15 Creative Ways to Add More Fiber to Your Diet
The benefits of eating more fiber
Dietary fiber can help improve digestion, prevent chronic inflammation and lower risks of certain types of cancer and arthritis. Fiber-containing foods are also naturally healthy, so men and women, start counting your grams for a few days to see if you need a fiber boost! Your needs are 38 grams for men and 25 grams a day for women.
How to eat more fiber
- Keep a jar of wheat germ or oat bran in your refrigerator (it can spoil faster than flour). Sprinkle some on hot cereal, yogurt, cottage cheese, or fruit, or add some to smoothies.
- Stock ground flaxseeds or chia seeds. Use them the same ways as the tip above. Chia seeds can also be used to make a delicious chia pudding by soaking them in milk. Add a tbsp. of chia seeds to iced tea or water to get a fiber boost and interesting texture while also getting your fluids in.
- Cook a batch of beans or have some cans on hand. Mix them with brown rice or other foods when cooking to sneak in some fiber. Beans also freeze well if you cook them in bulk. You can even snack on high fiber bean dishes!
- Spinach is a great source of fiber, and it cooks down to almost nothing. Add some fresh spinach leaves when cooking eggs, stir-fry, or at the end when simmering soups to add fiber, antioxidants, and a bright pop of green.
- Berries pack a ton of fiber into a small package. Frozen berries are great because they don't spoil nearly as quickly as fresh berries. Keep a bag on hand to throw them into smoothies, oatmeal, yogurt, or eat alone as a tasty, refreshing snack.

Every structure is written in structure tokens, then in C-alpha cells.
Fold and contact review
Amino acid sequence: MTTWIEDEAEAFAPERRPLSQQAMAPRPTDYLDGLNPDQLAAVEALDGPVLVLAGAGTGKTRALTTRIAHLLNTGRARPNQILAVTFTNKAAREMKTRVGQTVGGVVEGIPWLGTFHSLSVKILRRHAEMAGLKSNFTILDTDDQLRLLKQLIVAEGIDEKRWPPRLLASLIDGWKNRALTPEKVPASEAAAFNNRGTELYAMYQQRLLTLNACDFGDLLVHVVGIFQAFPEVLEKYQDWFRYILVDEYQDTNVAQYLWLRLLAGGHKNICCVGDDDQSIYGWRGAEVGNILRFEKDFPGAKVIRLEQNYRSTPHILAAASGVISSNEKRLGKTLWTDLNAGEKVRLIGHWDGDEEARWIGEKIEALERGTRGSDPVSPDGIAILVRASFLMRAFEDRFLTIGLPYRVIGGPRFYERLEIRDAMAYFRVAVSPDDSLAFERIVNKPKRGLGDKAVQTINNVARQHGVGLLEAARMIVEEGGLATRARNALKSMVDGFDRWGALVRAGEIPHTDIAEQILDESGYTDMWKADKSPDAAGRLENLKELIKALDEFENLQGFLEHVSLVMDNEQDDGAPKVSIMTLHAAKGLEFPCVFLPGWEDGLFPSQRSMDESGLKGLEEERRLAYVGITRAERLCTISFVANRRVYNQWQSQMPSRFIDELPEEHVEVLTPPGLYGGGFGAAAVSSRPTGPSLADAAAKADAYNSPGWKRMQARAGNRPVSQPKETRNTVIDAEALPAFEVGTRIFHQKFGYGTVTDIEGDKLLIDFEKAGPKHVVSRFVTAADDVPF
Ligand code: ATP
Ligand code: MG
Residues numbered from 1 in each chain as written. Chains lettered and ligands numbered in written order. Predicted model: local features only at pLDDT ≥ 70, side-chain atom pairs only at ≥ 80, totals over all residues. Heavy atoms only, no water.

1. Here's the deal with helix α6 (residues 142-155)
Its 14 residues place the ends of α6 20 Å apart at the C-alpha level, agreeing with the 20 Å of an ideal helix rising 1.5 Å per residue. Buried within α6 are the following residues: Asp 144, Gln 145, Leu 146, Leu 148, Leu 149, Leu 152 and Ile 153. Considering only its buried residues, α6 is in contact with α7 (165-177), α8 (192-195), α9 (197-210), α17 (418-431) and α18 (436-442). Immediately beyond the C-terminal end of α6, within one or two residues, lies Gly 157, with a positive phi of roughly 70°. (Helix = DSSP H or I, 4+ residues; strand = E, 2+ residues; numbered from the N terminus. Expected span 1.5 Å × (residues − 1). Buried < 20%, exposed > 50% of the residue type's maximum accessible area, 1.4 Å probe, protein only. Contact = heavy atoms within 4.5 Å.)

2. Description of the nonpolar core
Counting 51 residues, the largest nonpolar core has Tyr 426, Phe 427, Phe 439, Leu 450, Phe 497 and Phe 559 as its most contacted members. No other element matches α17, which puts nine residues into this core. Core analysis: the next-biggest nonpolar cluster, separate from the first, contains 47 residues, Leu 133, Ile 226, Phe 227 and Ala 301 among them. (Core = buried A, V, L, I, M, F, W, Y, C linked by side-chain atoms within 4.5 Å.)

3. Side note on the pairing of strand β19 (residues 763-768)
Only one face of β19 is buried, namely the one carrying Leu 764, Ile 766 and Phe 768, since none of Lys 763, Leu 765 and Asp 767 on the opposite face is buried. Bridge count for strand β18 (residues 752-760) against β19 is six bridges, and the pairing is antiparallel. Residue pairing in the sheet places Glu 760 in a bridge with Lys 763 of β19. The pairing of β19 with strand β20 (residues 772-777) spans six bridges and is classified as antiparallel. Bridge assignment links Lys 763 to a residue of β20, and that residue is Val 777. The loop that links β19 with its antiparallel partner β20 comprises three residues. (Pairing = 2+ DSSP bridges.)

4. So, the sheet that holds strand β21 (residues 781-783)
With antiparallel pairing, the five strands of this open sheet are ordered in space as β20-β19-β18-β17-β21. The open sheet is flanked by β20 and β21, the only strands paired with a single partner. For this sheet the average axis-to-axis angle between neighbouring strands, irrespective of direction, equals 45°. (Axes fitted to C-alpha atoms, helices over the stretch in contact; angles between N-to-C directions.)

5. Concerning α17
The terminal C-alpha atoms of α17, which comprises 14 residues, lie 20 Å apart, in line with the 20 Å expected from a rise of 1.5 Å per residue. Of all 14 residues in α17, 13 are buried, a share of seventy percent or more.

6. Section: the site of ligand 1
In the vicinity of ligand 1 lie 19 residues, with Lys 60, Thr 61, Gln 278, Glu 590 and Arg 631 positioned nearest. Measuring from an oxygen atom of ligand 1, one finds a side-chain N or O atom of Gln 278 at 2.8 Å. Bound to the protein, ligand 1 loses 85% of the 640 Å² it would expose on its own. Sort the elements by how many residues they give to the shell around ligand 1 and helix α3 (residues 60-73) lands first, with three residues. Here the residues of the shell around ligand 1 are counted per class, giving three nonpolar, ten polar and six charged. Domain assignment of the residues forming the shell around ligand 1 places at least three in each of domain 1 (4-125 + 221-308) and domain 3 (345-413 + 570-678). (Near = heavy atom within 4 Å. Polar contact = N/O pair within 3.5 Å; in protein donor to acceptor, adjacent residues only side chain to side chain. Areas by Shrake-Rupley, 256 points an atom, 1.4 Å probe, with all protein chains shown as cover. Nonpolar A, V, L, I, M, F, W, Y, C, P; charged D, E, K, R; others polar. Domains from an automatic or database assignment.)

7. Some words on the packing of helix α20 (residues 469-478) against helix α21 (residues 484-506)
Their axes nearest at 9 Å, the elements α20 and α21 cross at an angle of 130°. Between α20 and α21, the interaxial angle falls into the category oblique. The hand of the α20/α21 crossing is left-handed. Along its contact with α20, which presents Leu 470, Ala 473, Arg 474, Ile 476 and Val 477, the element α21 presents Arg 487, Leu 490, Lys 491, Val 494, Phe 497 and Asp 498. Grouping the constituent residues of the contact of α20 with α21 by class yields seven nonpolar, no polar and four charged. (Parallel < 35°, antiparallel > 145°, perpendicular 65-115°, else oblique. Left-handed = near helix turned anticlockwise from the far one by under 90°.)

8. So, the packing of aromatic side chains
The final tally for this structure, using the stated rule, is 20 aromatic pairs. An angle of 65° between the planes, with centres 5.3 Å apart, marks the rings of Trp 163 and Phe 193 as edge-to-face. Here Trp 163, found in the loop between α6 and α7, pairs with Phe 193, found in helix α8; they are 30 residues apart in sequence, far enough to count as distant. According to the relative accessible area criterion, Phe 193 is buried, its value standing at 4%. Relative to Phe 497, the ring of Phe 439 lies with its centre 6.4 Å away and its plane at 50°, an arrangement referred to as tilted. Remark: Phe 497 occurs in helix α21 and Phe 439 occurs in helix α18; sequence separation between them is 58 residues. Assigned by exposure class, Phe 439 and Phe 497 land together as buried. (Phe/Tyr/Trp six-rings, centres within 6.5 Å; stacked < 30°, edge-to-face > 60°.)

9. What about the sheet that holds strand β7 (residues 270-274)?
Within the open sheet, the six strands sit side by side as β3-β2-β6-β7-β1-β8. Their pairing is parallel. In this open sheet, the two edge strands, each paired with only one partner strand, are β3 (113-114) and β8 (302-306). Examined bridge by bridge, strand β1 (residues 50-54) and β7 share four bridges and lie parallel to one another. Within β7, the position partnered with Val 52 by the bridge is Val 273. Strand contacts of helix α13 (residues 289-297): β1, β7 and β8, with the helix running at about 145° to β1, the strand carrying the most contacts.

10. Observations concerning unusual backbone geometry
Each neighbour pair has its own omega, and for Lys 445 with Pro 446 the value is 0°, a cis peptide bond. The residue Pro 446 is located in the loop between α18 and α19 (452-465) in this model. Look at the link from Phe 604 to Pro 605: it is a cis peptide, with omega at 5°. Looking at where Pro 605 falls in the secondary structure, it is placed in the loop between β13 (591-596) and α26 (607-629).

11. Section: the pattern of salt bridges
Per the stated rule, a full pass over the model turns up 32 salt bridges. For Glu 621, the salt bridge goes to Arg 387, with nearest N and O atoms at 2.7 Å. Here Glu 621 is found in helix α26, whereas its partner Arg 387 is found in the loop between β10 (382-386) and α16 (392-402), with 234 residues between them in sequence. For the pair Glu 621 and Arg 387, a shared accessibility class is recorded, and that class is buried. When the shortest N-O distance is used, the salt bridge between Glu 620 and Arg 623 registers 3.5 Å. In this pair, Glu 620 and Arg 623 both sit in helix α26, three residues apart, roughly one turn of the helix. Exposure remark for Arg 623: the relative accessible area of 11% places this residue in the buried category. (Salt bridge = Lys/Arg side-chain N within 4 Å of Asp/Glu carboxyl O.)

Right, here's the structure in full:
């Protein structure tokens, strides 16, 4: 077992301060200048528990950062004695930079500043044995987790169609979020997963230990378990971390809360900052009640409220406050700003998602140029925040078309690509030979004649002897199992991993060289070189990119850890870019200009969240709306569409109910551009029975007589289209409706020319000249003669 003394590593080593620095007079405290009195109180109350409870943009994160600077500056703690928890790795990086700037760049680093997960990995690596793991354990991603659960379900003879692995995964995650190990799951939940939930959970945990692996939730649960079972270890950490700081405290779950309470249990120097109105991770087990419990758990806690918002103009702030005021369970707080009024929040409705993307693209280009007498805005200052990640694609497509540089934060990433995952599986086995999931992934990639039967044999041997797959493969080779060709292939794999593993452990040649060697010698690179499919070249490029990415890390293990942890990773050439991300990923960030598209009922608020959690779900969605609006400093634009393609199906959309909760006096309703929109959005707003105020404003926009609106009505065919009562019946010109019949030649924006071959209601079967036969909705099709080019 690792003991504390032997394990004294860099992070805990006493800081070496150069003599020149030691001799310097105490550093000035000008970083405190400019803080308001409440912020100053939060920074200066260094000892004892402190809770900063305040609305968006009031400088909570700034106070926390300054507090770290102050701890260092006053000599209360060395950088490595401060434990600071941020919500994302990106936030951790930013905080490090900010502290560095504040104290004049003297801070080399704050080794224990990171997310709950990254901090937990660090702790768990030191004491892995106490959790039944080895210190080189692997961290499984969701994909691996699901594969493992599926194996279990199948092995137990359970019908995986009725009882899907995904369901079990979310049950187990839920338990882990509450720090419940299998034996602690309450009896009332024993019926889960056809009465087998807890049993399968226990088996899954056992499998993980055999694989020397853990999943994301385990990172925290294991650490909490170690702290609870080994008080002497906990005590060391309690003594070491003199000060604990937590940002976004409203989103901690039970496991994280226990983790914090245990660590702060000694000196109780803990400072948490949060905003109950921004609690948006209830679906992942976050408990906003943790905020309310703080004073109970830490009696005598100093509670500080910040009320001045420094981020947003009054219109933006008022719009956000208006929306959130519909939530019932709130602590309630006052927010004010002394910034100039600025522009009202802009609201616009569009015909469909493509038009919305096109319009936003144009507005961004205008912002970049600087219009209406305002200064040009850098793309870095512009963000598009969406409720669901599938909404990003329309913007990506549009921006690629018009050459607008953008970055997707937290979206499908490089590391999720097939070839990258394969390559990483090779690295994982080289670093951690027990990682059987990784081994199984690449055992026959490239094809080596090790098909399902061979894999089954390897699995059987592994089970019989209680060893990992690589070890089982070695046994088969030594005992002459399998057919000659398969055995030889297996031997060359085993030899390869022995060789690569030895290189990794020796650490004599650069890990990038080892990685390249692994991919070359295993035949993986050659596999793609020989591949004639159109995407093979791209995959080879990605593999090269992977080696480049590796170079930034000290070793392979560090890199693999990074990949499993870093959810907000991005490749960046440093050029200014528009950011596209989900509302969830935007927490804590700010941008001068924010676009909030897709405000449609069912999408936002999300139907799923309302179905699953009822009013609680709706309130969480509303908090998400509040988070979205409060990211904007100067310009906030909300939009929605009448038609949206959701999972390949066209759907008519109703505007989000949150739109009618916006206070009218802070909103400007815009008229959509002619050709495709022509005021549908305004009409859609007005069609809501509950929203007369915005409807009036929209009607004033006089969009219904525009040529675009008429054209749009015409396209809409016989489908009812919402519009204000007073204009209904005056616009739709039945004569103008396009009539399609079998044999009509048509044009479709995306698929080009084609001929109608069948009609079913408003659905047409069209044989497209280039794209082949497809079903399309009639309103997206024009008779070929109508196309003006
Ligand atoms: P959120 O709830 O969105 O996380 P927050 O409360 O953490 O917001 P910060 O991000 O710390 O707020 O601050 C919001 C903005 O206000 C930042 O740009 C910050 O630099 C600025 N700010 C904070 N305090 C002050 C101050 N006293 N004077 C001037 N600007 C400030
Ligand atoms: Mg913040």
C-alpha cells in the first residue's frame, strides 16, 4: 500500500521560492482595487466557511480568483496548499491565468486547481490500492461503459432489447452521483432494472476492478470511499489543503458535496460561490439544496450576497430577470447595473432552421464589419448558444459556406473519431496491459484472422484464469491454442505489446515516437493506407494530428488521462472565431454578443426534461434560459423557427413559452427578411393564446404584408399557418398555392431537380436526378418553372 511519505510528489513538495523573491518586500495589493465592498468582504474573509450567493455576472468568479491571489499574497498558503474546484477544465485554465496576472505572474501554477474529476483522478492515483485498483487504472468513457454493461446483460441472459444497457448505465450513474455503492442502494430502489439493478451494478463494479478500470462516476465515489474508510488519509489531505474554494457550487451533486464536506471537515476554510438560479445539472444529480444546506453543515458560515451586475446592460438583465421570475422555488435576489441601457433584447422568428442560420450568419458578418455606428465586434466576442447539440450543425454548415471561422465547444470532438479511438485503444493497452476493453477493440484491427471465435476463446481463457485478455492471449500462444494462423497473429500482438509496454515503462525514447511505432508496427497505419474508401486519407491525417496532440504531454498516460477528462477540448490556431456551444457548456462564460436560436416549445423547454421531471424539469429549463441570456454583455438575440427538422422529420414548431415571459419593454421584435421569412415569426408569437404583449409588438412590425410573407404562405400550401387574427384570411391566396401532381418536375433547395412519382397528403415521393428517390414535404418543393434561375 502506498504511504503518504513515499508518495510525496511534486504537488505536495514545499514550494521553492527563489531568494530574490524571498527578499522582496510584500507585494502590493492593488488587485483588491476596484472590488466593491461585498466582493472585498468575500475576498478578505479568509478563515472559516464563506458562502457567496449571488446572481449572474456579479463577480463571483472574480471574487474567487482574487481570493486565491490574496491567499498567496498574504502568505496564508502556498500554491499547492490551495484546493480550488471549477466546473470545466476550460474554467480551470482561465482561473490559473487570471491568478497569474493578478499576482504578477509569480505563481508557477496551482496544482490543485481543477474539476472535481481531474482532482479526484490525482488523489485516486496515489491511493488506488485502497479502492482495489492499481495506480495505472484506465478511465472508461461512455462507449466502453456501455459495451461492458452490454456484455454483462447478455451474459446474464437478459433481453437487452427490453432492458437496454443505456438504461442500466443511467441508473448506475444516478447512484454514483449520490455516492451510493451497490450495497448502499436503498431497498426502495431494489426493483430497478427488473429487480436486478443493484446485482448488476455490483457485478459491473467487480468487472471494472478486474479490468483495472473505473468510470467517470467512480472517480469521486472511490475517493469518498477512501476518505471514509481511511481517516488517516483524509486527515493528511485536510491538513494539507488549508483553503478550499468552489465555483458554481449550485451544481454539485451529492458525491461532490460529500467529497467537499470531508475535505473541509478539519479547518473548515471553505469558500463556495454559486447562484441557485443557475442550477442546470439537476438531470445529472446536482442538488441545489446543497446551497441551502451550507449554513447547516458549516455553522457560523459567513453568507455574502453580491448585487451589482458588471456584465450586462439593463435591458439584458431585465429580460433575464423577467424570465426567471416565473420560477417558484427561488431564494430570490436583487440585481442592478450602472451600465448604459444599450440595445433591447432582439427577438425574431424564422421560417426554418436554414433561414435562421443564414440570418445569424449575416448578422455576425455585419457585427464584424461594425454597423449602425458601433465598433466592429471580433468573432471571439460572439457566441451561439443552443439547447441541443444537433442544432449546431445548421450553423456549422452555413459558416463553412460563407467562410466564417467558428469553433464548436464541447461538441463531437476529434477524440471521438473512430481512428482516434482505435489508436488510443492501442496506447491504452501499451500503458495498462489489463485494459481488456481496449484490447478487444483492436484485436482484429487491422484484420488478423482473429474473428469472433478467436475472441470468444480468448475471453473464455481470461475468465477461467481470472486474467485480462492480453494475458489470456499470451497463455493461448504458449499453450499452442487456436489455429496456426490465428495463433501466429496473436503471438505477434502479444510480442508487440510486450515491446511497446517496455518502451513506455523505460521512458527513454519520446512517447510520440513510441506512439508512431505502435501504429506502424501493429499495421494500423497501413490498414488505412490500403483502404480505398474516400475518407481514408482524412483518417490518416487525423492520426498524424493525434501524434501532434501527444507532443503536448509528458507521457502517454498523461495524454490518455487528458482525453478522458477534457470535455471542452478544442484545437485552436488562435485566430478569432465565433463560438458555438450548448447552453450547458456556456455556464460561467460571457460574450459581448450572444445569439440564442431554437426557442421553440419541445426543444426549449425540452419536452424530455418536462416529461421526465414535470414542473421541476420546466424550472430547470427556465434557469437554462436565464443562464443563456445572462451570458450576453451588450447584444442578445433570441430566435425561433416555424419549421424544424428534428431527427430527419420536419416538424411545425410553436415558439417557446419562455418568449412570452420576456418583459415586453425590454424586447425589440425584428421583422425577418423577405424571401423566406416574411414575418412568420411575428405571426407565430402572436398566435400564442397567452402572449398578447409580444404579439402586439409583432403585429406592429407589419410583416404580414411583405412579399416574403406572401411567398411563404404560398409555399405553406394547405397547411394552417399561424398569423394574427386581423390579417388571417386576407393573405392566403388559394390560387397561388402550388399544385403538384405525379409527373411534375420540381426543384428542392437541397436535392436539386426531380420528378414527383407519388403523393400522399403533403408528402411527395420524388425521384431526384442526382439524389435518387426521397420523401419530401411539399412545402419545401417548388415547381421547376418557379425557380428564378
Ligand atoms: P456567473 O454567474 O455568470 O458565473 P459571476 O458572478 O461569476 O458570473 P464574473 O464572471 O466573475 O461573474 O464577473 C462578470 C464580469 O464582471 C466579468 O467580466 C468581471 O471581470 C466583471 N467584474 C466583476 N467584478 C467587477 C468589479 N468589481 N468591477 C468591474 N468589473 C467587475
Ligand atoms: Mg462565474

- Hate the long cooking time of dried beans? Try lentils! These little powerhouses pack up to 10 grams of fiber in a half cup cooked portion and cook up in only 20 minutes, a much speedier process than the hours required for beans. They also come in a variety of colors, and are super inexpensive! Try adding cooked lentils to salads, rice, soups, stews, and casseroles (meatloaf!).
- Fruit is always a healthy sweet choice, but some fruits have more fiber than others. Try picking apples, pears, or berries over lower-fiber (but still good for you!) grapes, peaches, and melon. Remember to eat the peel! It's important to choose a variety of fruit in a healthy diet, but if you like lower-fiber fruits, simply increase your fiber from veggies or other sources.
- A spiralizer is a great tool to make high fiber "noodles" or "zoodles" out of veggies like carrots or zucchini that are lower in carbs than regular pasta but make just as delicious of a dinner. Top with your favorite tomato or pesto sauce.
- Keep the peel and other parts on the veggies too! The stalks of broccoli are even higher in fiber than the florets, but they're usually discarded.
- Sneak veggies into meals. Cooked cauliflower makes a delicious, neutral flavored substitute for potatoes. Spinach can be folded into eggs and casseroles. Zucchini can be grated into pasta and casseroles also.
- Branch out from just brown rice or oatmeal. Try experimenting with ancient grains like quinoa, wheat berries, or millet. Instead of eating them as a hot side, try them in a cold salad. Make a switch from sweet oatmeal to savory by adding sauteed veggies and a poached egg on top. You'll get all of the benefits of whole grains in a tasty new package.
- Add a couple of slices of avocado to your eggs, sandwich, chicken or salmon dinner, or other meals.
- Keep a snack bag of mixed, unsalted nuts on you in case you get hungry between meals. It's a healthy snack, and it contains fiber, protein, and healthy fats to keep you full and regular!
- Some companies have begun to make pasta, chips, crackers, and other products out of beans. These can be great high fiber alternatives to your favorite entrees and snacks. Have fun trying something new!
Did you know that diabetes is a risk factor for developing chronic kidney disease?